I am founder and director of the Initiative on Neuroscience and Law, which studies how new discoveries in neuroscience should navigate the way we make laws, punish criminals, and develop rehabilitation. The project brings together a unique collaboration of neurobiologists, legal scholars, and policy makers, with the goal of building modern, evidence-based policy.
Along with my primary appointment at Baylor College of Medicine, I serve as a faculty affiliate at the Criminal Justice Institute at the University of Houston Law Center, as well as adjunct faculty in Social Sciences at Rice University.
Bumann B, Eagleman DM (2012). Intuitions of blameworthiness as a heuristic that evaluates the probability of the offender committing future antisocial acts. Thurgood Marshall Law Review. 36(2):129-155.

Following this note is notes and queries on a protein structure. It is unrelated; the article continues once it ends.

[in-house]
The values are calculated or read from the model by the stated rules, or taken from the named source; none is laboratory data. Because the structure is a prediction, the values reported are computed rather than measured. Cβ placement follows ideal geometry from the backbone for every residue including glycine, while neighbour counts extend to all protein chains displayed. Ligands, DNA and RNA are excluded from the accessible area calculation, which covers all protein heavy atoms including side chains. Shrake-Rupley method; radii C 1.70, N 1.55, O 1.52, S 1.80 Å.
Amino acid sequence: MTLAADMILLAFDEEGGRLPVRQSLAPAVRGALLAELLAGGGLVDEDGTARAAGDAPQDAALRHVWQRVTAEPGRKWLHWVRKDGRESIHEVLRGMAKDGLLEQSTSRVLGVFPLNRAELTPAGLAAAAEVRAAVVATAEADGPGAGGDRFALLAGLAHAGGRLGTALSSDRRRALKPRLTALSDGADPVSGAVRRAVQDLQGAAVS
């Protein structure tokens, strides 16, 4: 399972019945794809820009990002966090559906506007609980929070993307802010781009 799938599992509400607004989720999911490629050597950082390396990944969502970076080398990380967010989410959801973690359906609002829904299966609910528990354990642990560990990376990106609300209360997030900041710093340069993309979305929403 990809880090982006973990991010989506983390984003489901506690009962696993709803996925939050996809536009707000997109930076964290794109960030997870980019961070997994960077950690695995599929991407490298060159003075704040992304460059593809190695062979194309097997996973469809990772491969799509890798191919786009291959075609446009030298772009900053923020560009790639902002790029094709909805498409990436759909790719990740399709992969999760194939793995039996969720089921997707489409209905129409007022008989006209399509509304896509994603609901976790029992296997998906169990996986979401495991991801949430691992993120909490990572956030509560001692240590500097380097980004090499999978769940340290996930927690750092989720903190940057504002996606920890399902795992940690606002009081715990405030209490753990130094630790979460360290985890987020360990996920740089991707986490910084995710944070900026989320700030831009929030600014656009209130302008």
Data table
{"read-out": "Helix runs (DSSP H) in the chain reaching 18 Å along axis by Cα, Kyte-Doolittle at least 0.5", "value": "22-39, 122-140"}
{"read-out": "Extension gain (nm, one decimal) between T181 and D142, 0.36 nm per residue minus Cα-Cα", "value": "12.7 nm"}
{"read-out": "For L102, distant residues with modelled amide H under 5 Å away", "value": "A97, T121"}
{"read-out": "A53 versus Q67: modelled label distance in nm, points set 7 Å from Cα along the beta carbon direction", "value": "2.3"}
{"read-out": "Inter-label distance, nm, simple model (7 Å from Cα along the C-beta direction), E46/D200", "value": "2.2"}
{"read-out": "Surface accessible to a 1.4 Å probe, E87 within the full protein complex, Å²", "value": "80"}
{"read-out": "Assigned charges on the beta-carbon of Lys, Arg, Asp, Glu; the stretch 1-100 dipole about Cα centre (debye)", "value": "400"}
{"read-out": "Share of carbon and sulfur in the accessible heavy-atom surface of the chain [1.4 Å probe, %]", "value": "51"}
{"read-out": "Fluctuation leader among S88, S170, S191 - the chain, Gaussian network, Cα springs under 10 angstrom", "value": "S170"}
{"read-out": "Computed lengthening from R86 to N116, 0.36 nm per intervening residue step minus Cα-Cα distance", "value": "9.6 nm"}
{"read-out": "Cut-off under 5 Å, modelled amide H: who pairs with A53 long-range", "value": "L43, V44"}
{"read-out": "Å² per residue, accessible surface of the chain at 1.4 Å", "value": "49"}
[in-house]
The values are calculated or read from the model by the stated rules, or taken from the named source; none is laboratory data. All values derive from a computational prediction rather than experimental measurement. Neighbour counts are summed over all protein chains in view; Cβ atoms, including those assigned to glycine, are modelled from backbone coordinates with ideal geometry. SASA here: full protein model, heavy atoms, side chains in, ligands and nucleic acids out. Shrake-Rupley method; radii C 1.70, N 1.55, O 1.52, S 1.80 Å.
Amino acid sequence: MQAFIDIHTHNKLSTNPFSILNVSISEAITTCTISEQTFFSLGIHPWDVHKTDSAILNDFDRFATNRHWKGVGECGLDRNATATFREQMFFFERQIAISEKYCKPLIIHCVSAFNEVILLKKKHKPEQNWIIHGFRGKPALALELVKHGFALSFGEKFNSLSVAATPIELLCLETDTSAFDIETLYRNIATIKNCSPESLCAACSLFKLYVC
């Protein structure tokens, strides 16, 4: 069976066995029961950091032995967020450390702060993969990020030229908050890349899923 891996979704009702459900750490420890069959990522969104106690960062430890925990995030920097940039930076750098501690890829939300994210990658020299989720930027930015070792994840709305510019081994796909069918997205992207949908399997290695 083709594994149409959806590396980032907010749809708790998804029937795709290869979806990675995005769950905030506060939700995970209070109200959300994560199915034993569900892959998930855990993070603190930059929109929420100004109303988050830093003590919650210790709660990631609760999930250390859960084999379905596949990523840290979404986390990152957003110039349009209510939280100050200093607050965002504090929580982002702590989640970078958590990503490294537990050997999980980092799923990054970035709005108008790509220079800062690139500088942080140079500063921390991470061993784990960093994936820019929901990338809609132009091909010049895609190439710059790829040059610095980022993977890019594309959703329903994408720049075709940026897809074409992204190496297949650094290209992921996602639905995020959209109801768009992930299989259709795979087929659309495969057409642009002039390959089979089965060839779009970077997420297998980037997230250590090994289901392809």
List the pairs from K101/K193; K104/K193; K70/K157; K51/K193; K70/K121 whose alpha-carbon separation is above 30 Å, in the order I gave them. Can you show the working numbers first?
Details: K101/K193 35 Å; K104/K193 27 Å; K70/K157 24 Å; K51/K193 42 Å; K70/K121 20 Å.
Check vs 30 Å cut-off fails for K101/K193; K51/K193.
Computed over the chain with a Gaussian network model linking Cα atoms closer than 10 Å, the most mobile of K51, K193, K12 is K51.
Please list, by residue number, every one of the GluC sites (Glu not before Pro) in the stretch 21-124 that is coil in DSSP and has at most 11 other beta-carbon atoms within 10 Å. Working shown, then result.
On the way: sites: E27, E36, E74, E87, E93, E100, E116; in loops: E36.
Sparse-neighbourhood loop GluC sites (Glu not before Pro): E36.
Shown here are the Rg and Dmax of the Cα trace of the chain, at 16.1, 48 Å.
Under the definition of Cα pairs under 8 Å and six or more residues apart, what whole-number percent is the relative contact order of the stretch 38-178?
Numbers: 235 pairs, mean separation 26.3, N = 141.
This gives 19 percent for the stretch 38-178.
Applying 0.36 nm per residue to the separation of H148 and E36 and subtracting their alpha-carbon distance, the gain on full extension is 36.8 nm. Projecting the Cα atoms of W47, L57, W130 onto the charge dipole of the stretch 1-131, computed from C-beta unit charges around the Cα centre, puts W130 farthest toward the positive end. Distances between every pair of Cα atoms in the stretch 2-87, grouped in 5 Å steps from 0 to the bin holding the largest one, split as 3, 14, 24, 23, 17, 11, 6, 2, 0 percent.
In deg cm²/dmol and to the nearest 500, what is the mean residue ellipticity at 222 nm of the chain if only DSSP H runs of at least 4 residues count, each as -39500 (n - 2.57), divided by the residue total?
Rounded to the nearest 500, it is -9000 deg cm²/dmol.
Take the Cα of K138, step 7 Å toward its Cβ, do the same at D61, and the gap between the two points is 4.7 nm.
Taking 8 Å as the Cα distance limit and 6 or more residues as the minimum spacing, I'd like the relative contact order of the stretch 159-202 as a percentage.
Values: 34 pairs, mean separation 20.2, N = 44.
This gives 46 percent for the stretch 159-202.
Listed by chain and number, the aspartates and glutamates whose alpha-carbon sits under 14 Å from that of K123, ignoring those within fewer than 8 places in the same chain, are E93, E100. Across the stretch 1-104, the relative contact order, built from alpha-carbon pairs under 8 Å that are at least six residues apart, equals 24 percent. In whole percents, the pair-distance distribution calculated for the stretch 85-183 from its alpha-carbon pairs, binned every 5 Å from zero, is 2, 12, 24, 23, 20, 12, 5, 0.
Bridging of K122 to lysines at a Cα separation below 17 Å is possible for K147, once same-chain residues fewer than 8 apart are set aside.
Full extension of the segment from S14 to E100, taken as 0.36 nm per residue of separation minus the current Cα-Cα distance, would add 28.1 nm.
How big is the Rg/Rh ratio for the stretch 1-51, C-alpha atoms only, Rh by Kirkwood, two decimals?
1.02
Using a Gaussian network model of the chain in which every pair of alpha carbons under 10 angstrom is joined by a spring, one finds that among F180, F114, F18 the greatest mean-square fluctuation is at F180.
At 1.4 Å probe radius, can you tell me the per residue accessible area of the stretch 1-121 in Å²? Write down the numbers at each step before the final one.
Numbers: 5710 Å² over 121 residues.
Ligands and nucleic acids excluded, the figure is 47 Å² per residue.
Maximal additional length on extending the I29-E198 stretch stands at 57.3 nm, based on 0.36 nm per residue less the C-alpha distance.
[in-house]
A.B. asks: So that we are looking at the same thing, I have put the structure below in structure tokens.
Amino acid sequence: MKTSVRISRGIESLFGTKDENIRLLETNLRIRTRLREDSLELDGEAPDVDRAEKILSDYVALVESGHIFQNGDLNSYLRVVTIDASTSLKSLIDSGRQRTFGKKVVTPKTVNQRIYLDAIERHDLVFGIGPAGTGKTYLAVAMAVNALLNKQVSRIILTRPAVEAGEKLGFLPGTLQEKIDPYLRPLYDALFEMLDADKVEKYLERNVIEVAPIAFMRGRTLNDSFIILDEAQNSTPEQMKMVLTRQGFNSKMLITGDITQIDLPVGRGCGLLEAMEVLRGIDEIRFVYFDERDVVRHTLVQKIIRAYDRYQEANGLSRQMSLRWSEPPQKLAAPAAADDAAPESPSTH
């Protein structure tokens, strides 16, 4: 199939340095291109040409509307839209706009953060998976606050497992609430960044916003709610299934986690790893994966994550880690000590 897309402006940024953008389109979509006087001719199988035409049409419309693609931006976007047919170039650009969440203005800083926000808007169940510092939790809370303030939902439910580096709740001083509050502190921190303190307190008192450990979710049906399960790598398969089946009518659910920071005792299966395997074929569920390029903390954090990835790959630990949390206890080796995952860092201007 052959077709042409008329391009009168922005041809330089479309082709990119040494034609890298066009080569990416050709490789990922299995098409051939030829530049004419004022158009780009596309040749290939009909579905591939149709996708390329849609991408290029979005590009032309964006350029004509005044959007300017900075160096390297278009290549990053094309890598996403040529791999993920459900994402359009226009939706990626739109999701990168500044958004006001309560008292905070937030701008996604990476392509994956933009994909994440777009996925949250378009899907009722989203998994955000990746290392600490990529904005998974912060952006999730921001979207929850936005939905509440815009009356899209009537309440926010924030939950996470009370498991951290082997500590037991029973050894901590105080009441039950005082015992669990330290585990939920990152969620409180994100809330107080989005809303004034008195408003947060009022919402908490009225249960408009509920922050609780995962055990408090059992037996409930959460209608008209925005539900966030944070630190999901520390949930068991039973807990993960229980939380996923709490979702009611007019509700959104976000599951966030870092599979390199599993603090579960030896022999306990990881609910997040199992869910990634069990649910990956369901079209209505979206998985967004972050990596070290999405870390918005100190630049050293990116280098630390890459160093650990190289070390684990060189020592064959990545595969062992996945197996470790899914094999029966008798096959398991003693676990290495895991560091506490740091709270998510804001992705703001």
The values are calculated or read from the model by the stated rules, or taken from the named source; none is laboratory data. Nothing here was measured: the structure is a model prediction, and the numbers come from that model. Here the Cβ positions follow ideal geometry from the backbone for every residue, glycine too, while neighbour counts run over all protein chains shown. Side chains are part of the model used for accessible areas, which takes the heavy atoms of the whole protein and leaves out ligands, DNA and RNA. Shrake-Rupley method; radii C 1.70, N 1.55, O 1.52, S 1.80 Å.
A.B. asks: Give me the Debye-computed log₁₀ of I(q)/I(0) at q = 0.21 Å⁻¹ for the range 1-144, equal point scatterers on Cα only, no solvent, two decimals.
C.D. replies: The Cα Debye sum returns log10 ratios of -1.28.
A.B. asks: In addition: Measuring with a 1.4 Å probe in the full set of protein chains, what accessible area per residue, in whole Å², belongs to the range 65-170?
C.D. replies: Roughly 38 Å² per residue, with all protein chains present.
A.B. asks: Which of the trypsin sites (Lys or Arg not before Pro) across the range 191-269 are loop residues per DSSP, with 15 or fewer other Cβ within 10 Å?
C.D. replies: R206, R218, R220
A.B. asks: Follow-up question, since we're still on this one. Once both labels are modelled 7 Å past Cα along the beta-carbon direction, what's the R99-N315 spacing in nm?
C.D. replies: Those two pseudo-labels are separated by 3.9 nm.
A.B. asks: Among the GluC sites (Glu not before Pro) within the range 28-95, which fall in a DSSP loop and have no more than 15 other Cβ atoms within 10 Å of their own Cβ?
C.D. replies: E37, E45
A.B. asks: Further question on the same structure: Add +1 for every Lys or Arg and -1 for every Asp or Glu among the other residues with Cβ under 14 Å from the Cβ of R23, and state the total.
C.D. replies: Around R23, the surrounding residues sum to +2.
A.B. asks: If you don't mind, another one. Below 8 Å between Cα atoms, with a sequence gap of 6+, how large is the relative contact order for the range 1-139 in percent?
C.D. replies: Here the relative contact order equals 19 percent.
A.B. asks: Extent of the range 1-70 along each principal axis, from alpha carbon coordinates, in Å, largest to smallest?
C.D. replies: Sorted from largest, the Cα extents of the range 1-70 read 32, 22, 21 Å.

Well before we understand how brains work, we may find ourselves able to digitally copy the brain's structure and able to download the conscious mind into a computer. What are the possibilities and challenges?
Francis Crick, one of the premier biologists of the 20th century, passed away July 28, 2004, in San Diego. On his 88th birthday last June, I brought him chocolates and spent the day with him in his home in La Jolla.